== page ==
Biologically Mediated Alteration of Volcanic Glass in Seawater: Implications for Earliest Basalt Diagenesis, Seawater Chemistry and Origin of Cherts

H. Staudigel Center for Isotope Geology, Netherlands Research School of Sedimentology,

Vrije Universiteit Amsterdam, Netherlands

E. Verdurmen Center for Isotope Geology, Netherlands Research School of Sedimentology,

Vrije Universiteit Amsterdam, Netherlands

R. A. Chastain Scripps Institution of Oceanography, La Jolla CA 92093-0202, USA

A. Yayanos Scripps Institution of Oceanography, La Jolla CA 92093-0202, USA

H. deBaar Netherlands Institute for Ocean Research, Texel, Netherlands

W. B. Bourcier Lawrence Livermore National Laboratories, Livermore CA 94550, USA

Even though it is long known that micro-organisms play an important role in the dissolution of synthetic glass, their impact on volcanic glass alteration was ignored until recently (Thorseth et al., 1992). Yet, biologically mediated alteration of volcanic glass is potentially a major process in low temperature geochemistry: Large quantities of thermodynamically unstable volcanic ash are deposited into the marine and terrestrial environments where microbes may take an active part in nearly all low temperature geochemical processes. Colonizing bacteria may locally change the pH enhancing dissolution of glass which then provides nutrients that further enhance biological growth. It is important to understand the kinetics of these processes as well as their geochemical fluxes and their potential feedbacks.

Experimental Conditions

We carried out a series of controlled experiments to determine the types and reaction rates of biologically mediated chemical exchange between volcanic glass, biological materials and sea water. Starting materials include a technical borosilicate glass (nuclear waste glass) and glass from a natural oceanic tholeiitic basalt. These glasses were exposed to sand-filtered surface seawater (5 µmols/l Si), in open and in closed chemical sytems. Most biologically active experiments included the microbe populations introduced with the non-sterilized seawater. One experiment was carried out with a well defined marine cyanobacteria culture. We also carried out sterile control experiments. In closed system exchange experiments, we used 1-6 mm sized crushed glass particles to minimize the risk of clogging and removal of fine particles, while keeping the chemically active surface area relatively high. Polished glass plates were introduced in all experiments for SEM studies of microbes and etch morphology of corrosion features.

Biologically Mediated Dissolution

None of our sterile dissolution experiments displayed any visible signs of glass surface pitting, while all biologically active experiments displayed etch marks on the glass surfaces and development of biofilms. Biofilms are thickest and most complex in experiments with the longest duration and exposure to the largest quantities of seawater. Corrosion pits in >100 day exposure experiments were generally smaller than 1 µm in size, while >300 day experiments display pits up to several µm in size, depending on the duration of an experiment and the types of microbes.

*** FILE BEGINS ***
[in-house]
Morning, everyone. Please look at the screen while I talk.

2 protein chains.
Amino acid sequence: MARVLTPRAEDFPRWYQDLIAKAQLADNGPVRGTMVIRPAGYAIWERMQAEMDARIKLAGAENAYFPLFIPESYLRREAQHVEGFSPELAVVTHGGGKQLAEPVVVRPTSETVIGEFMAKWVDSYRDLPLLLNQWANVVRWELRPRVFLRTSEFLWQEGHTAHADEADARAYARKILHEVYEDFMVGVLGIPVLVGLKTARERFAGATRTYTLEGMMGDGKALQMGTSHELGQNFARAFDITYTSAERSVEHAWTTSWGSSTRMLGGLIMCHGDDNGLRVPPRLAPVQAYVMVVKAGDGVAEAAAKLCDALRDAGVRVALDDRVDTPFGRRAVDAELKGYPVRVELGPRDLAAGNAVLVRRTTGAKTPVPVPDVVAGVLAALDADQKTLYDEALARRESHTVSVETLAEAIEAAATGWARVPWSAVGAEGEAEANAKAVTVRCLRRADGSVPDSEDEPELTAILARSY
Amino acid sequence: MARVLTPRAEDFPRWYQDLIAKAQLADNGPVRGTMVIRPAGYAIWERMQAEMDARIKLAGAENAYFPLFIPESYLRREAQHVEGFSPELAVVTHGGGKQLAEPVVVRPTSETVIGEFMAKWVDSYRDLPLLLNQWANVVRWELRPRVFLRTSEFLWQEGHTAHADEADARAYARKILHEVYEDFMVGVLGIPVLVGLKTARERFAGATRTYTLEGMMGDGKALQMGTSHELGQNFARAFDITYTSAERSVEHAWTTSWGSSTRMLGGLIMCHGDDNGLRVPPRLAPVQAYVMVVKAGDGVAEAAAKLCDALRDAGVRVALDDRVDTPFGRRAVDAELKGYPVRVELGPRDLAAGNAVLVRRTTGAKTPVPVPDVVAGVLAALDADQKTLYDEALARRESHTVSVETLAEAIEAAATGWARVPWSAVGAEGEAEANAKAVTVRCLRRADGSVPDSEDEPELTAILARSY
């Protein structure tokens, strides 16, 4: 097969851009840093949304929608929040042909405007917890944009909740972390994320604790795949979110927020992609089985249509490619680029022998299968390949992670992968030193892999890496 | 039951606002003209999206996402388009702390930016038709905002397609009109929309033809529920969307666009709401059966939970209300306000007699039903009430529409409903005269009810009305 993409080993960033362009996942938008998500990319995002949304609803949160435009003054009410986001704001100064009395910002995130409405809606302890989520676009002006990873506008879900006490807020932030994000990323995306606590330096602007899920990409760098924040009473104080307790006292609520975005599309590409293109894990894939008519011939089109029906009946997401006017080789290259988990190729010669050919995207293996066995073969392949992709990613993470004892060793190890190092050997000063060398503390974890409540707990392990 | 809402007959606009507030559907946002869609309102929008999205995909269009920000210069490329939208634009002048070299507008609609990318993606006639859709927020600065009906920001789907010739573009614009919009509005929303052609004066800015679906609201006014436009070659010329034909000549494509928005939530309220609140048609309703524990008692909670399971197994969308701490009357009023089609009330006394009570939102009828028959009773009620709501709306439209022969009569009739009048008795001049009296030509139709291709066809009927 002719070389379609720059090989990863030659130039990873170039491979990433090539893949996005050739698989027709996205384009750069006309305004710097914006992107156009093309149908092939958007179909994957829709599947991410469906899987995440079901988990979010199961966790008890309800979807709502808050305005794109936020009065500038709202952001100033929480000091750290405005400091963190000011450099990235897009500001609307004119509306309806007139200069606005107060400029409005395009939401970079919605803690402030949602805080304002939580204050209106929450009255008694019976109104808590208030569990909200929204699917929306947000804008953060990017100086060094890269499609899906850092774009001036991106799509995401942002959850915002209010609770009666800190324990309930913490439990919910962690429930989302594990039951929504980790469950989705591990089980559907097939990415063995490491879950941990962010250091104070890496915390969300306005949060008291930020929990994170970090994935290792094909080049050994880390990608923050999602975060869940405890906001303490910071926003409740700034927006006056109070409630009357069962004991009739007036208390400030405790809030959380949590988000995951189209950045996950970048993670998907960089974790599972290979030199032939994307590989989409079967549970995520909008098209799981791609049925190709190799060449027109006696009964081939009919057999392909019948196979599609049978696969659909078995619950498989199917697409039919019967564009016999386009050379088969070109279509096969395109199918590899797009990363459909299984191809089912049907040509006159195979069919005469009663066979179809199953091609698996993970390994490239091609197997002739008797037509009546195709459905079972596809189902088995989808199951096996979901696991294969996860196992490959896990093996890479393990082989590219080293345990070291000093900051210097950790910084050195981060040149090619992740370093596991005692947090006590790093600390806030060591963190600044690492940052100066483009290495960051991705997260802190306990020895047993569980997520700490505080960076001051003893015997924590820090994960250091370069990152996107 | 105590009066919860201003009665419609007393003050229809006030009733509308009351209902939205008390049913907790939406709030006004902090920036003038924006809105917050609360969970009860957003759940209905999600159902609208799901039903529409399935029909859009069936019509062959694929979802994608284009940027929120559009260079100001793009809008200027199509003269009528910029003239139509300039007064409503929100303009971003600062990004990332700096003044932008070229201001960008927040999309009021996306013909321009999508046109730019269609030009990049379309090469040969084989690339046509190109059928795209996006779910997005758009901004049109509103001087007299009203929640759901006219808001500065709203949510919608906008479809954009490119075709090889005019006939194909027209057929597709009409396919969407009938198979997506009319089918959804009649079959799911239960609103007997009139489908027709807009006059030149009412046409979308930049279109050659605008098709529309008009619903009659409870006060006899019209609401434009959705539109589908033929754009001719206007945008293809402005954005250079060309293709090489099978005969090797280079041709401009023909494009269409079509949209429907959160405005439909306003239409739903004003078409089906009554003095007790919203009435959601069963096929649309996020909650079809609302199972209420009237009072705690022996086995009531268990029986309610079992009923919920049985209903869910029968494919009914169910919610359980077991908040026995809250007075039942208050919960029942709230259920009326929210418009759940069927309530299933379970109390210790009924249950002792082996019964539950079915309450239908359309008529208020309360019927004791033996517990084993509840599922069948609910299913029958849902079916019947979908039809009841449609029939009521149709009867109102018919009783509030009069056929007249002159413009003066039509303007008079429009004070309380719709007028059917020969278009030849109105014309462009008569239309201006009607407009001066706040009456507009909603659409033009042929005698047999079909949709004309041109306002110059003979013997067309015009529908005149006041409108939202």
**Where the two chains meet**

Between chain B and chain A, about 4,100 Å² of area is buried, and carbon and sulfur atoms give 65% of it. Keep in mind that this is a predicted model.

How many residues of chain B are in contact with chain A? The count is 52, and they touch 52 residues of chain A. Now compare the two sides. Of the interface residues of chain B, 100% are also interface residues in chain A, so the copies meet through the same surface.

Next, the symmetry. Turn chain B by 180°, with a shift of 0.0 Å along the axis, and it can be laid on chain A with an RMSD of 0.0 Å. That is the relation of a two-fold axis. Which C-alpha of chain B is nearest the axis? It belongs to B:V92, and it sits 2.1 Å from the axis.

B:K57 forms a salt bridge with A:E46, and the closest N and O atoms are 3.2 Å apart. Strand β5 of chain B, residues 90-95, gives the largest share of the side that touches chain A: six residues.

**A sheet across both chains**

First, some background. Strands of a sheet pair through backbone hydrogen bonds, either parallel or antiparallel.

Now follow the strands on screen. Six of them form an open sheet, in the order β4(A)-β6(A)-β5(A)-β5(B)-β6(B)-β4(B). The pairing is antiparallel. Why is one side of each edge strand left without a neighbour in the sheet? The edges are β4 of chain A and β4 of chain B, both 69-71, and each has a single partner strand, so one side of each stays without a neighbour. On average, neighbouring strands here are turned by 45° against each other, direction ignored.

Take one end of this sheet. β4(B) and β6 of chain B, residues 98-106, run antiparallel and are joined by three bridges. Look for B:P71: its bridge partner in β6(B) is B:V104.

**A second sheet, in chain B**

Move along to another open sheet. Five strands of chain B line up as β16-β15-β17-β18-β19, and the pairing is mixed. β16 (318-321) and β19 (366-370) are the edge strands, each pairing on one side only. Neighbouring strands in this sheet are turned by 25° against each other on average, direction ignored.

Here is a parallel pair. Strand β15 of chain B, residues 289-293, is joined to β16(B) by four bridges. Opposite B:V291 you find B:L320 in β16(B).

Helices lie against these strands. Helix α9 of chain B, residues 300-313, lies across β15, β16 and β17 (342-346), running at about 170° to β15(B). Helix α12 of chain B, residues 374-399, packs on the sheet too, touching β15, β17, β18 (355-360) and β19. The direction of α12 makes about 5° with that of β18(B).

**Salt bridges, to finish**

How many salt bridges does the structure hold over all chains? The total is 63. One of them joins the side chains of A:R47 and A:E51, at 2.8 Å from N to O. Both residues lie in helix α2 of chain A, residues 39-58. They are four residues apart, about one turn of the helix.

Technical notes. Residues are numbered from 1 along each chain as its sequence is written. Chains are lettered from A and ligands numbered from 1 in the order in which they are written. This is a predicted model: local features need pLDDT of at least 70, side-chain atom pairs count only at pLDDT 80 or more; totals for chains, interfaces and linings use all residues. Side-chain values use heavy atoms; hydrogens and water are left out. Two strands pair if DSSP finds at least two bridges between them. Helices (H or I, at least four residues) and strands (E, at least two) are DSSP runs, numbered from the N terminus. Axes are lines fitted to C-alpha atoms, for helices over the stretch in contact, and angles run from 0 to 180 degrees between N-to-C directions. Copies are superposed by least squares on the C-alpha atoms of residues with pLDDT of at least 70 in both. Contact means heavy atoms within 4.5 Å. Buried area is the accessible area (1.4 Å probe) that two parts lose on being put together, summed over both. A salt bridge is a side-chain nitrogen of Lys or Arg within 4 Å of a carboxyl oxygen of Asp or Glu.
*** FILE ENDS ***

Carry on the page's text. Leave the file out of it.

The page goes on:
Mobility of Silica

Sterile flow-through experiments of seawater through 1-6mm glass particles (50 l water/approx. 300 g glass) show rapidly increasing Si from 3.5 µmoles/l (=surface seawater), increasing to about 75 µmoles/l after 270 days, asymptotically approximating a saturation limit of about 100 µmoles/l. Sea water in the parallel, biologially active experiment, over the same time period maintained Si concentrations below 6.5 µmoles/l. In this experiment we identified large numbers of siliceous microbes, mostly diatoms but also siliceous dinoflagellates and a Si-rich sediment (80 wt% SiO2). Mass balance considerations suggest that most of the Si in diatoms and the sediment has to be derived from the dissolution of the glass. The Si inventory in the water remains low becuase of effective Si utilization by siliceous algae. These obervations rejuvenate the long discussion about the biogenic versus volcanic origin of Si in cherts, where amorphous Si is commonly distinguished from biogenic Si with diatom morphologies. Our observations suggest that much of this "biogenic" chert may also have (indirectly) received its Si from the alteration of volcanic ash. This is supported by the very common association of chert with volcanic ash.

Mobility of Trace Elements

Trace element abundance patters were determined for fresh glass, and glass that has been allowed to exchange with 50 l sewater for 314 days under non-sterile conditions. Trace element abundance patterns are overall quite similar except for the enrichment of some elements in the altered glass, in particular Ba (enriched by 85 %), Sr (17 %) La (15 %) Ce (18 %) Sr (17 %) and U (48 %). These results show that interaction of seawater and basalt glass is very effective in the removal of these elements from seawater.

These data show that the earliest diagenesis of basalt, and the settling of volcanic ash thorugh the water column are very effective in supplying seawater and the biosphere with Si while removing in particular Ba, U, La and Ce.


Thorseth, I.H. et al., Geochim. Cosmochim. Acta 56: 845-850 (1992).